Ethics in AI Lecture - Redesigning AI

Image of the speakers at the 16th May event
Ethics in AI Lecture - Redesigning AI

The Institute for Ethics in AI and Oxford Martin School are pleased to announce an exclusive morning event featuring a keynote address by distinguished economist Professor Daron Acemoğlu on May 17, 2024. The event will be hosted at the Oxford Martin School in the lecture theatre, with registration commencing from 10:45. 

A recording of this event is now available here.

This event is in-person only. 

10.45 – 11.00 - Registration

11.00 – 12.00 - Keynote: Professor Daron Acemoğlu, Institute Professor, MIT

Title: Redesigning AI

Abstract: This talk will argue that the current path of AI is inimical to human flourishing. Nevertheless, different institutional arrangements, ethical underpinnings, and technological vision can lead to better AI. This better AI path will need to overcome the industry's excessive focus on automation, the centralized control of information, challenges in the context of human-AI misalignment, and the disappearing diversity of information among human actors.

Hosted and introduced by Professor John Tasioulas, Director of the Institute for Ethics in AI

12.00 – 12.45 - Panel Discussion and Q&A

Professor Isabelle Ferreras, FNRS Professor in Sociology at the University of Louvain, Visiting Fellow at the Institute for Ethics in AI, Oxford.
Professor Jeremias Adams-Prassl, Professor of Law at Magdalen College, University of Oxford, UK, and Associate Dean (Research), Faculty of Law. 
Dr Daniel Susskind, Research Professor in Economics at King's College London and a Senior Research Associate at the Institute for Ethics in AI at Oxford University
Professor Carl Frey, Dieter Schwarz Associate Professor of AI & Work at the Oxford Internet Institute and a Fellow of Mansfield College, University of Oxford

Hosted by Dr Ekaterina Hertog, Associate Professor in AI and Society, joint with the Oxford Internet Institute and in association with Wadham College

12.45 – Finish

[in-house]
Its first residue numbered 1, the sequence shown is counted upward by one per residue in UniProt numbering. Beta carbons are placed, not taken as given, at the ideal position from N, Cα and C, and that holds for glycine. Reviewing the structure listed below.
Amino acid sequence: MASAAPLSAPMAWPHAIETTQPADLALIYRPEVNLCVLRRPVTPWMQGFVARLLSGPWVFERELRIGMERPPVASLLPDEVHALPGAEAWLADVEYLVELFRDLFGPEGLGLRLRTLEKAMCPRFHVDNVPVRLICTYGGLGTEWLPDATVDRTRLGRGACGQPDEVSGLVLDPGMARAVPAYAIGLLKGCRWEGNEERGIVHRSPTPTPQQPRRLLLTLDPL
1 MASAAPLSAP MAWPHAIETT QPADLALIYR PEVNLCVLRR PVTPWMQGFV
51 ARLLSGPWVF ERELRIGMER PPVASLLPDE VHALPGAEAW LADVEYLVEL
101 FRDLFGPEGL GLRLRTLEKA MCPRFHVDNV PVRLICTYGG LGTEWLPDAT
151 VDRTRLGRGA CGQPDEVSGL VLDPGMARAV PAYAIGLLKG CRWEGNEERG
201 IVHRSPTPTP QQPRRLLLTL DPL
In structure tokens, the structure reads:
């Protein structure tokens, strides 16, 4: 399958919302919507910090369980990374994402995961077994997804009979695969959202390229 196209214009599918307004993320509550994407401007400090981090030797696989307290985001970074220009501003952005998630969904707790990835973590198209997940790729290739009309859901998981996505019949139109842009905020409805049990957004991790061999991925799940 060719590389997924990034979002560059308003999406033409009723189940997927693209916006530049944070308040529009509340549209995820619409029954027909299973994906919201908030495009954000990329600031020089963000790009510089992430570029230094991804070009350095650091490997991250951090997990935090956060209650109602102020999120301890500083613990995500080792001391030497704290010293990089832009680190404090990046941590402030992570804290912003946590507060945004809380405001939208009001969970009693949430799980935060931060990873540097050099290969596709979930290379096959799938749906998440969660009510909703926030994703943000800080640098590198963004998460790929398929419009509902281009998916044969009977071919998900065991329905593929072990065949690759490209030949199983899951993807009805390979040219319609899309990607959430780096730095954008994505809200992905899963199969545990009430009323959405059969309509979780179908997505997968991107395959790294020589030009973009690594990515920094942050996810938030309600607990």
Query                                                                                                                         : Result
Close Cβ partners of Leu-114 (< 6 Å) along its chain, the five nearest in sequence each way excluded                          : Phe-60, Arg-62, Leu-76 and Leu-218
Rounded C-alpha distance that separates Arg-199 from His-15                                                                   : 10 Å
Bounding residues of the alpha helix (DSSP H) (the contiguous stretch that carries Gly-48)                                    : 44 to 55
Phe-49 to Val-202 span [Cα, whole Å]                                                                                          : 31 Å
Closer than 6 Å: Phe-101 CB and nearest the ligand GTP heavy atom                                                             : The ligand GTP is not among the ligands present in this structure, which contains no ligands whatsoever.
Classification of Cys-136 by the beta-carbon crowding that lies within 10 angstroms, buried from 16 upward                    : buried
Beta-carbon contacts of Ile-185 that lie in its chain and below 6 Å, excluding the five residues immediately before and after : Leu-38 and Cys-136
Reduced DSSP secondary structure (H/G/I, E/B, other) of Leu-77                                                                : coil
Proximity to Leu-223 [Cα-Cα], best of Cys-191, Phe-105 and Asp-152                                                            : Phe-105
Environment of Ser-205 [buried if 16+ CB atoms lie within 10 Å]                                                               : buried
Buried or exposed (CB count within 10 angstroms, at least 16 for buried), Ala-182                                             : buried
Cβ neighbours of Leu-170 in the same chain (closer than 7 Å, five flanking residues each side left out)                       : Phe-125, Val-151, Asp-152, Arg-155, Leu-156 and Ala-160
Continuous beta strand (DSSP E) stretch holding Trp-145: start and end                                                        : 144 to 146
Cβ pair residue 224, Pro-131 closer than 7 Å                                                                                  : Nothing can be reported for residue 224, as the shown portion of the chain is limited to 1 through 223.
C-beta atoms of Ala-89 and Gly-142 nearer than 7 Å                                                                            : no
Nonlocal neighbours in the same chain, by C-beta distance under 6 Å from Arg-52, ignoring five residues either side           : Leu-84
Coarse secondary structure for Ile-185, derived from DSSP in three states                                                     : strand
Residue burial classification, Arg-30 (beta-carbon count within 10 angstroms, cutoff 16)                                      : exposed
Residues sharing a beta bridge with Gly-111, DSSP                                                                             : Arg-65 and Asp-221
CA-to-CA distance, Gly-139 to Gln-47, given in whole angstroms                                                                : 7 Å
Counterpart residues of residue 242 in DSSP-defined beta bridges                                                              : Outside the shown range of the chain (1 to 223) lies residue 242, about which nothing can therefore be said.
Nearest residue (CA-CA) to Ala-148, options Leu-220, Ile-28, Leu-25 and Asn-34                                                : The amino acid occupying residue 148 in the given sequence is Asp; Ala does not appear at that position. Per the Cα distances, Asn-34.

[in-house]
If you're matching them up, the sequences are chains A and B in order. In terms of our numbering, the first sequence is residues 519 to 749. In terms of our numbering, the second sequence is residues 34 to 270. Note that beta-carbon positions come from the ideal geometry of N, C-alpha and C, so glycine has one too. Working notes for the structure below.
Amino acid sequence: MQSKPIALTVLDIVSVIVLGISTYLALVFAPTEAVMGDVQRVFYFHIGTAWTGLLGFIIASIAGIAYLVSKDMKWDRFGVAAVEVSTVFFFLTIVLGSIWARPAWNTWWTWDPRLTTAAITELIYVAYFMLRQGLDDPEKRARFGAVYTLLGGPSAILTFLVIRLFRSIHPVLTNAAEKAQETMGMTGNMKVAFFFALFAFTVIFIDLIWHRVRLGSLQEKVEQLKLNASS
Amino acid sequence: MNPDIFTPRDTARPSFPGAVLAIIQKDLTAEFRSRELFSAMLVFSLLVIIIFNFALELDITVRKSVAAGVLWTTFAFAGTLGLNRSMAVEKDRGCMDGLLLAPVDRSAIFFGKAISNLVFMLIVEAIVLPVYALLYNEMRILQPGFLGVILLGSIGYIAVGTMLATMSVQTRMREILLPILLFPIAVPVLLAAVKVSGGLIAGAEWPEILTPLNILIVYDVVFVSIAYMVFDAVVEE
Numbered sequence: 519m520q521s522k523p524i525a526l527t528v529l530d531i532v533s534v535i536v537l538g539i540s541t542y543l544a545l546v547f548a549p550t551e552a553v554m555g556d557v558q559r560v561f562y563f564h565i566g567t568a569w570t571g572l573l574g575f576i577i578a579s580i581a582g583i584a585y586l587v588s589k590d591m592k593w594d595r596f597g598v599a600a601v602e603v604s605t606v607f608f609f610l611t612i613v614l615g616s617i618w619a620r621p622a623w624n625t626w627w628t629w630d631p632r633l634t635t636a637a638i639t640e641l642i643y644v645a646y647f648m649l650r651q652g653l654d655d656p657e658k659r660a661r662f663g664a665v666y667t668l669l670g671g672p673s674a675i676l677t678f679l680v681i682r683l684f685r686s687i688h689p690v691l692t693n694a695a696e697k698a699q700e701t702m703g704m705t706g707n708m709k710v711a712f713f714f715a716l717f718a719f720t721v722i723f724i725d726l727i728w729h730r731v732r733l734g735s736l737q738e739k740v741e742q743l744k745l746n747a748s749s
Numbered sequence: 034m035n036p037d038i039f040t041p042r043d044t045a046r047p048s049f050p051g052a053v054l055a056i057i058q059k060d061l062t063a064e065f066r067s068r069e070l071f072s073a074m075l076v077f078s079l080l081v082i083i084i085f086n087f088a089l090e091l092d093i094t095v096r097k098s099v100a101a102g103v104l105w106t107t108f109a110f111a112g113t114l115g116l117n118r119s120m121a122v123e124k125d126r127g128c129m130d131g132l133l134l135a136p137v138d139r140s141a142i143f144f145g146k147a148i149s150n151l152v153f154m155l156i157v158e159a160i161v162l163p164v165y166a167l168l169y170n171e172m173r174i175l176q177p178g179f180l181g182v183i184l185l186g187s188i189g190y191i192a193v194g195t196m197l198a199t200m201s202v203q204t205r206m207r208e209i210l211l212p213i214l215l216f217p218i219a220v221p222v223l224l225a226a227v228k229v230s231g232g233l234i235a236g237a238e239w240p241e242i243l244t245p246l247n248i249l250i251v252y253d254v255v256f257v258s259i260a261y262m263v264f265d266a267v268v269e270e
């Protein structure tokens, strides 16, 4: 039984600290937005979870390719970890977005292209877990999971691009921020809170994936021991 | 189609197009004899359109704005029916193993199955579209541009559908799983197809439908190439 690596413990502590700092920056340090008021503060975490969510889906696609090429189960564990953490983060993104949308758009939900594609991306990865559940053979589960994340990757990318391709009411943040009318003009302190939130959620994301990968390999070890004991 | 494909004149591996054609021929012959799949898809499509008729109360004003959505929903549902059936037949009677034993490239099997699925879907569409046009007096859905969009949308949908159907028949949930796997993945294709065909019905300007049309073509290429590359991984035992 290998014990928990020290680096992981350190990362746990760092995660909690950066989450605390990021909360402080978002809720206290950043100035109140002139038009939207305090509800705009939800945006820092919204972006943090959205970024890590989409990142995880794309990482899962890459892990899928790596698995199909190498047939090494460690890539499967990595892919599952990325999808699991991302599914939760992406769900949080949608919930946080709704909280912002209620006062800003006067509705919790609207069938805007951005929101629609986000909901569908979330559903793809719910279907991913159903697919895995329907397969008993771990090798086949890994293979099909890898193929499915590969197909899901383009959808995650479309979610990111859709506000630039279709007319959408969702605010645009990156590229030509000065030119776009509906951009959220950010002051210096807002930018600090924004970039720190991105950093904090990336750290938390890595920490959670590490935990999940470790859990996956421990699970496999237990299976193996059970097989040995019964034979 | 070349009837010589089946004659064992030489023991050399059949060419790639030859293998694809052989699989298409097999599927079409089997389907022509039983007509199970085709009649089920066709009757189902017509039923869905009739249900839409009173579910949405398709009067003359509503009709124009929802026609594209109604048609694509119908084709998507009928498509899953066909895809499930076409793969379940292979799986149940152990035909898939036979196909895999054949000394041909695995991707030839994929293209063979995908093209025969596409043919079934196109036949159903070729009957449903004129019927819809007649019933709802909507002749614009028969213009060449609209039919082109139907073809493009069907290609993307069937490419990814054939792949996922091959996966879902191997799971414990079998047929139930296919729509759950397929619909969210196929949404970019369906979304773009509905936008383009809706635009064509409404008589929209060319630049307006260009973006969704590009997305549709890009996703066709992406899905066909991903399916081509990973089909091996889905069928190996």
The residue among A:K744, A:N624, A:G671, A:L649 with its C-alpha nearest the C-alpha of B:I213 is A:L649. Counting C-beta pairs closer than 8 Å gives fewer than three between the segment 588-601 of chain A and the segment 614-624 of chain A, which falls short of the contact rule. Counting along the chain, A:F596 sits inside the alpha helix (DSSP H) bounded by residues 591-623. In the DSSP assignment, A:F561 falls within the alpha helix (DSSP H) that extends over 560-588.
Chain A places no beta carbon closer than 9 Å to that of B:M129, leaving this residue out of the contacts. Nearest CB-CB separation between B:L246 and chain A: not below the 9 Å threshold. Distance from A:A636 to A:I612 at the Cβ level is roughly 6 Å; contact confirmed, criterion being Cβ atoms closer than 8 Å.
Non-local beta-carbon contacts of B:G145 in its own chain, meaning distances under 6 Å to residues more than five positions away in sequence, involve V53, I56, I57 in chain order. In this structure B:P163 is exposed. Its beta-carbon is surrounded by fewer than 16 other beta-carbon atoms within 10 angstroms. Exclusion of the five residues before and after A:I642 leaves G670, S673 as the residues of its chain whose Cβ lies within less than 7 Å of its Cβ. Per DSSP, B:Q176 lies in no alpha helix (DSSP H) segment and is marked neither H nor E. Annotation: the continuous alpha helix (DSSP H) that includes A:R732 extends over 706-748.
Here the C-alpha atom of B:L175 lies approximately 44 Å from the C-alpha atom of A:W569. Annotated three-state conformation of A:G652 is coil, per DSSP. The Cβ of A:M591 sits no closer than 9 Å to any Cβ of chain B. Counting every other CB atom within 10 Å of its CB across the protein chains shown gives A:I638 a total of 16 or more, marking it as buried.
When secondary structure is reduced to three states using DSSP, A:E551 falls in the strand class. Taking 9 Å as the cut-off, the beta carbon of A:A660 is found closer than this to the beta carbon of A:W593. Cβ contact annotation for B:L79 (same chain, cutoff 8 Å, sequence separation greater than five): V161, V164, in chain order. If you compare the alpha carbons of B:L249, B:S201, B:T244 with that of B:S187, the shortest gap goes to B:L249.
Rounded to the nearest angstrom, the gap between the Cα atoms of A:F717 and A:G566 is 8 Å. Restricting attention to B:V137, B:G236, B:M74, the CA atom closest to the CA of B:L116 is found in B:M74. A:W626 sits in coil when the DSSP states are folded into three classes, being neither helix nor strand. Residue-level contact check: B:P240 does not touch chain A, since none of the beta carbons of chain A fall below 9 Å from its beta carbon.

The Institute for Ethics in AI will bring together world-leading philosophers and other experts in the humanities with the technical developers and users of AI in academia, business and government. The ethics and governance of AI is an exceptionally vibrant area of research at Oxford and the Institute is an opportunity to take a bold leap forward from this platform.

Every day brings more examples of the ethical challenges posed by AI; from face recognition to voter profiling, brain machine interfaces to weaponised drones, and the ongoing discourse about how AI will impact employment on a global scale. This is urgent and important work that we intend to promote internationally as well as embedding in our own research and teaching here at Oxford.


Professor Daron Acemoglu

Professor Daron Acemoğlu is the Sanjaya Lall Visiting Professor, an Institute Professor at MIT and an elected fellow of the National Academy of Sciences, American Philosophical Society, the British Academy of Sciences, the Turkish Academy of Sciences, the American Academy of Arts and Sciences, the Econometric Society, the European Economic Association, and the Society of Labor Economists. He is also a member of the Group of Thirty.

He is the author of six books, including New York Times bestseller Why Nations Fail: Power, Prosperity, and Poverty (joint with James A. Robinson), Introduction to Modern Economic Growth, The Narrow Corridor: States, Societies, and the Fate of Liberty (with James A. Robinson), and Power and Progress: Our Thousand-Year Struggle Over Technology and Prosperity (with Simon Johnson).

His academic work covers a wide range of areas, including political economy, economic development, economic growth, technological change, inequality, labor economics and economics of networks.

Daron Acemoglu has received the inaugural T. W. Shultz Prize from the University of Chicago in 2004, and the inaugural Sherwin Rosen Award for outstanding contribution to labor economics in 2004, Distinguished Science Award from the Turkish Sciences Association in 2006, the John von Neumann Award, Rajk College, Budapest in 2007, the Carnegie Fellowship in 2017, the Jean-Jacques Laffont Prize in 2018, the Global Economy Prize in 2019, and the CME Mathematical and Statistical Research Institute prize in 2021. He was awarded the John Bates Clark Medal in 2005, the Erwin Plein Nemmers Prize in 2012, and the 2016 BBVA Frontiers of Knowledge Award.

He holds Honorary Doctorates from the University of Utrecht, the Bosporus University, University of Athens, Bilkent University, the University of Bath, Ecole Normale Superieure, Saclay Paris, and the London Business School.

Panel Discussion Featuring

Isabelle Ferreras